• Under section 80D of the income tax act, the insured person who takes out the policy can claim for tax deduction for the amount invested.

Payment Options

  • Direct payment / Cashless facility: here, the person does not need to pay the hospital as the insurer takes care of the all the treatment bills.
  • Reimbursement at the end of the hospital stay : after staying for the duration of the treatment, the patient can take a reimbursement

Cost and Duration

Policy price range: Insurance companies offer health insurance from a sum insured of Rs. 5000/- for micro-insurance policies to a higher sum insured of Rs. 50 lacs and above. The common insurance policies for health insurance are usually available from Rs. 1 lac to Rs. 5 lacs.

Duration: Health insurance policies offered by non-life insurance companies usually last for a period of one year. Life insurance companies offer policies for a period of several years.

Types of Policies

Hospitalization Policy : Under such policies the insurer pays the total or partial amount of the insured person’s hospital bills.

Hospital Daily Cash Benefit Policy : Under this type of schemes daily ash benefits are offered to the policyholder in terms of a fixed amount for each day of hospitalisation

Critical Illness Benefit : In the event of having critical illness, this policy is designed to mitigate expenses.

Employee’s State Insurance Corporation

Functioning under the aegis of Ministry of Labour and Employment and Incorporated under the ESI Act of 1948, the ESIC is a self-financing health insurance and social security scheme for all indian workers earning less than ₹ 15000 per month as wages.

It is a contributory insurance scheme in which employer contributes 4.75% and employee contributes 1.75% of a total 6.5% of the wages earned. In return, the insured per on and their family are entitled to different types of befenits, both medical and cash. In addition to insured workers, poor families eligible under the Rashtriya Swasthya Bima Yojana can also avail facilities in ESI hospitals and dispensaries.

Recently there has been an increase in the role of information technology in ESI, with the introduction of Pehchan smart cards under the corporation’s ‘Project Panchdeep’, India’s largest e-governance project.

Future of Insurance Sector

The future looks good for in Insurance sector. The sector has a strong potential to grow from US$ 72 billion in 2012 to US$ 280 billion by 2020. India’s favorable regulatory environment which guarantees stability and fair play will be the primary driver for this growth. Foreign investors want to tap into the sector’s massive potential.

Since the government liberalized the insurance sector in 2000 by opening the doors for private participation, the Indian insurance sector has gotten stronger.

Competition has provided the consumer with an unforeseen range of products, providers and enhanced service levels. The health of the insurance sector reflects a country’s economy. Insurance sector generates long-term funds for infrastructure development and also increases a country’s risk-taking capacity.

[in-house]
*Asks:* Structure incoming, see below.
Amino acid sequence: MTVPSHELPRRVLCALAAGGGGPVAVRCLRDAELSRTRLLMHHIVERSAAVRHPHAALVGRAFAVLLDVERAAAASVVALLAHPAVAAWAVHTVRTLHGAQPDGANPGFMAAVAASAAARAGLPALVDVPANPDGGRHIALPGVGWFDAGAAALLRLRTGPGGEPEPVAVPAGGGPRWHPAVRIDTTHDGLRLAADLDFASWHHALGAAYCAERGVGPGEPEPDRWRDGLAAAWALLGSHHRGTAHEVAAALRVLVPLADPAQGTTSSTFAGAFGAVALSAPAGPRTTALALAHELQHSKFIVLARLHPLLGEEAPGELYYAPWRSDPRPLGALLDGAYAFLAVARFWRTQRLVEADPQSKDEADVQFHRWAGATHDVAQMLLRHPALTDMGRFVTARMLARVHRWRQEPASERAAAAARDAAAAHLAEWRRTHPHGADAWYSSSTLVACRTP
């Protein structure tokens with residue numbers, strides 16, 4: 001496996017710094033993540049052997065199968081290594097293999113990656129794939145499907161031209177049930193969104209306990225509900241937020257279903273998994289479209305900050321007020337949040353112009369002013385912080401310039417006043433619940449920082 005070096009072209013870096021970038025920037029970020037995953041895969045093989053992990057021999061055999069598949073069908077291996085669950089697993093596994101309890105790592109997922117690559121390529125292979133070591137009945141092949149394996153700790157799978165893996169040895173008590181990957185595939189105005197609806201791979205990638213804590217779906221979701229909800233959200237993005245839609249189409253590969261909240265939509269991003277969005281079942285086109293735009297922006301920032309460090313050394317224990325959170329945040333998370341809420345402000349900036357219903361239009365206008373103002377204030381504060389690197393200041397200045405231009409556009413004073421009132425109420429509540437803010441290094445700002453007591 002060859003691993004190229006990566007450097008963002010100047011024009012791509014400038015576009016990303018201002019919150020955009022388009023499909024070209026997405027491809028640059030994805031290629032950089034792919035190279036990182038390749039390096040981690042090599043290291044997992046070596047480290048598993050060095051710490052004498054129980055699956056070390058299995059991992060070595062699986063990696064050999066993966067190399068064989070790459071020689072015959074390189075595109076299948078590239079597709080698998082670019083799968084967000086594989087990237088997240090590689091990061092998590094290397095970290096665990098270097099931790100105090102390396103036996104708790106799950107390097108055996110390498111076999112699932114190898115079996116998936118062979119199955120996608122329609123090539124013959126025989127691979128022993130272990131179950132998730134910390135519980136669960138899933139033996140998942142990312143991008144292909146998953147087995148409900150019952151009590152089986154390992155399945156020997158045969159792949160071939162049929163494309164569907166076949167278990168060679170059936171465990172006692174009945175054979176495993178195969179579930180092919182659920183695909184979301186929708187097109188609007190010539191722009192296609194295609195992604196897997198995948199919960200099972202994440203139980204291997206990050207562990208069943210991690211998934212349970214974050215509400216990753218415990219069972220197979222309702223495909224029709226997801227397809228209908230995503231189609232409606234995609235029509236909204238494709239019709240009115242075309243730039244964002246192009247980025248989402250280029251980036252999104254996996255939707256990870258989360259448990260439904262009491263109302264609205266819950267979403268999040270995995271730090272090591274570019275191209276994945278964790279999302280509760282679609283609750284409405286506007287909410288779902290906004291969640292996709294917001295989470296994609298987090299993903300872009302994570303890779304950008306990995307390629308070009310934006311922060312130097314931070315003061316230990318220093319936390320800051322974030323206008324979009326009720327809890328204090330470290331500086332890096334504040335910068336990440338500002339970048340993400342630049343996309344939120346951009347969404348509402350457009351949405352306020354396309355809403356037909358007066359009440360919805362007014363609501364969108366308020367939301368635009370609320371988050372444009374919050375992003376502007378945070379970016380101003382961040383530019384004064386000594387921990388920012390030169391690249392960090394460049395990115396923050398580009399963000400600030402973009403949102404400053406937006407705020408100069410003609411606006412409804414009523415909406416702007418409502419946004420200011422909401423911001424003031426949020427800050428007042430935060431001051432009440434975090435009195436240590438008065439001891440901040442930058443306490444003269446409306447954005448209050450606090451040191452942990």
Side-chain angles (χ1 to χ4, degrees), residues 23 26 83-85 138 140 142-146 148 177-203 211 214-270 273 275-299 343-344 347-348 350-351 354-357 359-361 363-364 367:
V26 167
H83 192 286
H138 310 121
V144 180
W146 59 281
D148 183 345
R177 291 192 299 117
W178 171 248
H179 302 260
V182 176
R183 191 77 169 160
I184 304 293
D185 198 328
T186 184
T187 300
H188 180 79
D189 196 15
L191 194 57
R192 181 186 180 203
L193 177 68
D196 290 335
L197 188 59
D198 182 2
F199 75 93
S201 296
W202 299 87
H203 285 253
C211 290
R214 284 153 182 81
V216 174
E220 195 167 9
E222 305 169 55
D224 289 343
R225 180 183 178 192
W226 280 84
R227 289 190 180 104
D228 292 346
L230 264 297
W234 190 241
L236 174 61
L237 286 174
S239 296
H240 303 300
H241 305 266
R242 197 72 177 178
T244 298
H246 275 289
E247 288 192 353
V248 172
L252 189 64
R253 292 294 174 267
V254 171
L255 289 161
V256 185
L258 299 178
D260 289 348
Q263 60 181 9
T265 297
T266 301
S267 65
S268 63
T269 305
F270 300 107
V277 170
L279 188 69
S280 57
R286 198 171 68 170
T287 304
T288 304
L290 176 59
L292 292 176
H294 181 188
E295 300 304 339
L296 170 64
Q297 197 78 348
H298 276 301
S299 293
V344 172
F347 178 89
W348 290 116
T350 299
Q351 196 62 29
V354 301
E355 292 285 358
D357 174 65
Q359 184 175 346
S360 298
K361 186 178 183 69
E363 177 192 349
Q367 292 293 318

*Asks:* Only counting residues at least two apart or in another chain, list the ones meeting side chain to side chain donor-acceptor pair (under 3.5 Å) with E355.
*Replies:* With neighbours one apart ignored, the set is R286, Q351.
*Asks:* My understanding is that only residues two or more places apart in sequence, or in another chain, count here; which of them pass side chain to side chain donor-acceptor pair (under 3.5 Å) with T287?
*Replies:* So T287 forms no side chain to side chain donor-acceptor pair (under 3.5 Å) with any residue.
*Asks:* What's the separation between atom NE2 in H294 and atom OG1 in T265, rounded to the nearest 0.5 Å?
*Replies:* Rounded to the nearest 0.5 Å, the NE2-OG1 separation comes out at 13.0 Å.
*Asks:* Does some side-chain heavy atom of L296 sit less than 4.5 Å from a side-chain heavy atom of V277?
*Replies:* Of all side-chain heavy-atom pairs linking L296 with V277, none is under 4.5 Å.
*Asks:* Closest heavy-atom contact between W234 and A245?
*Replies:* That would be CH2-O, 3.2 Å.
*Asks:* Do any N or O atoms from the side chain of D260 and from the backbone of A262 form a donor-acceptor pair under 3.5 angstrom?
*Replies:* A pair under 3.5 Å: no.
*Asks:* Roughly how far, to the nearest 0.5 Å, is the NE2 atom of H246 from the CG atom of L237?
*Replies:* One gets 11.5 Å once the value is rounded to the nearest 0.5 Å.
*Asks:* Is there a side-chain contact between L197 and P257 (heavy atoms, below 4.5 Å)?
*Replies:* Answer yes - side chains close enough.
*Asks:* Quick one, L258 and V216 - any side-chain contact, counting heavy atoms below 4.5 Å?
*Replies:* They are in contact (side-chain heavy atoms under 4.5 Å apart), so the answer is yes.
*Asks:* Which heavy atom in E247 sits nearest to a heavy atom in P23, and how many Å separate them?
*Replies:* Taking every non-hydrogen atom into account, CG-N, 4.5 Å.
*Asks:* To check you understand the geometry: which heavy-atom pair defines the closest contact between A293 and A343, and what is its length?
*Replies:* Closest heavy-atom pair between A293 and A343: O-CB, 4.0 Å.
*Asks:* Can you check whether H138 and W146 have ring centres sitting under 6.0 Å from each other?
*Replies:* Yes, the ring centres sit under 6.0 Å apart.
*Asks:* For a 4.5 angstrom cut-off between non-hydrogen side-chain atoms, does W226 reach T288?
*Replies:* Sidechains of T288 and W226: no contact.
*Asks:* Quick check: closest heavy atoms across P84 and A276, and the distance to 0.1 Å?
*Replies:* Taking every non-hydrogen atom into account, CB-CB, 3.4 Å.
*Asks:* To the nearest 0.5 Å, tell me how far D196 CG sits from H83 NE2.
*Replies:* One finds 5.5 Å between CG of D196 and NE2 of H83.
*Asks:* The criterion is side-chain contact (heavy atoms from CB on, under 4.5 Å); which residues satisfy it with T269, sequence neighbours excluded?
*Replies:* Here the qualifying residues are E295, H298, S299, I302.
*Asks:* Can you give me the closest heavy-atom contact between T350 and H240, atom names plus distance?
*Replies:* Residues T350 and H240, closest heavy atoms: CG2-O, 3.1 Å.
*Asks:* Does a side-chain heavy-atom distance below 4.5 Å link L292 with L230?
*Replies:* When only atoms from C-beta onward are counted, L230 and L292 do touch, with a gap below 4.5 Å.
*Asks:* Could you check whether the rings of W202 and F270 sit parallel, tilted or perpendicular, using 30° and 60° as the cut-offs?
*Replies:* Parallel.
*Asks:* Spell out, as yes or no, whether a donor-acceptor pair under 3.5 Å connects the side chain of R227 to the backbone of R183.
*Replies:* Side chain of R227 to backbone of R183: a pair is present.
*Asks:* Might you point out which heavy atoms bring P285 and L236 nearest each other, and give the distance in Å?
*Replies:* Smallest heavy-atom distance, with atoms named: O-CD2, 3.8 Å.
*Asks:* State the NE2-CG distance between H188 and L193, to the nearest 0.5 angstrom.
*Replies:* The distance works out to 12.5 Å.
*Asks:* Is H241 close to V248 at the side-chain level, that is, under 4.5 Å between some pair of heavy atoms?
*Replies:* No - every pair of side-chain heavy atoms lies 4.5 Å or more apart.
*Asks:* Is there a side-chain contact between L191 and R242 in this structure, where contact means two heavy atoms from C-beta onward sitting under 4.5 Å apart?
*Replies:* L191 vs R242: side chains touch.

India’s economic growth since the turn of the century is viewed as a significant development in the global economy. This view is helped in no small part by a booming insurance industry.

Select Terms related to Insurance Sector


Actuary  is a business professional who analyzes probabilities of risk and risk management including calculation of premiums, dividends and other applicable insurance industry standards.


Annuity refers to a contract providing income for a specified period of time, or duration of life for a person or persons.

Collateralized Mortgage Obligations (CMOs)

CMOs are a type of mortgage-backed security (MBS) with separate pools of pass-through security mortgages that contain varying classes of holders and maturities (tranches) with the advantage of predictable cash flow patterns.

Policy Lapse

Policy lapse refers to termination of a policy due to failure to pay the required renewal premium.

Micro Insurance

A micro-insurance policy is a general or life insurance ploy with a sum assured of ₹ 50000 or less. IRDA has created this special category under the micro-insurance regulations, 2005, to promote insurance coverage among the economically vulnerable sections of society.

Morbidity Risk

Morbidity Risk  is the potential for a person to experience illness, injury, or other physical or psychological impairment, whether temporary or permanent. Morbidity risk excludes the potential for an individual’s death, but includes the potential for an illness or injury that results in death.

Mortgage Insurance

Mortgage Insurance is a form of life insurance coverage payable to a third party lender/mortgagee upon the death of the insured/mortgagor for loss of loan payments.

Package Policy

When two or more distinct policies combined into a single contract, it is known as Package Policy.


Premium is the money charged for the insurance coverage reflecting expectation of loss.


Underwriter is a person who identifies, examines and classifies the degree of risk represented by a proposed insured in order to determine whether or not coverage should be provided and, if so, at what rate.


Underwriting is the process by which an insurance company examines risk and determines whether the insurer will accept the risk or not, classifies those accepted and determines the appropriate rate for coverage provided.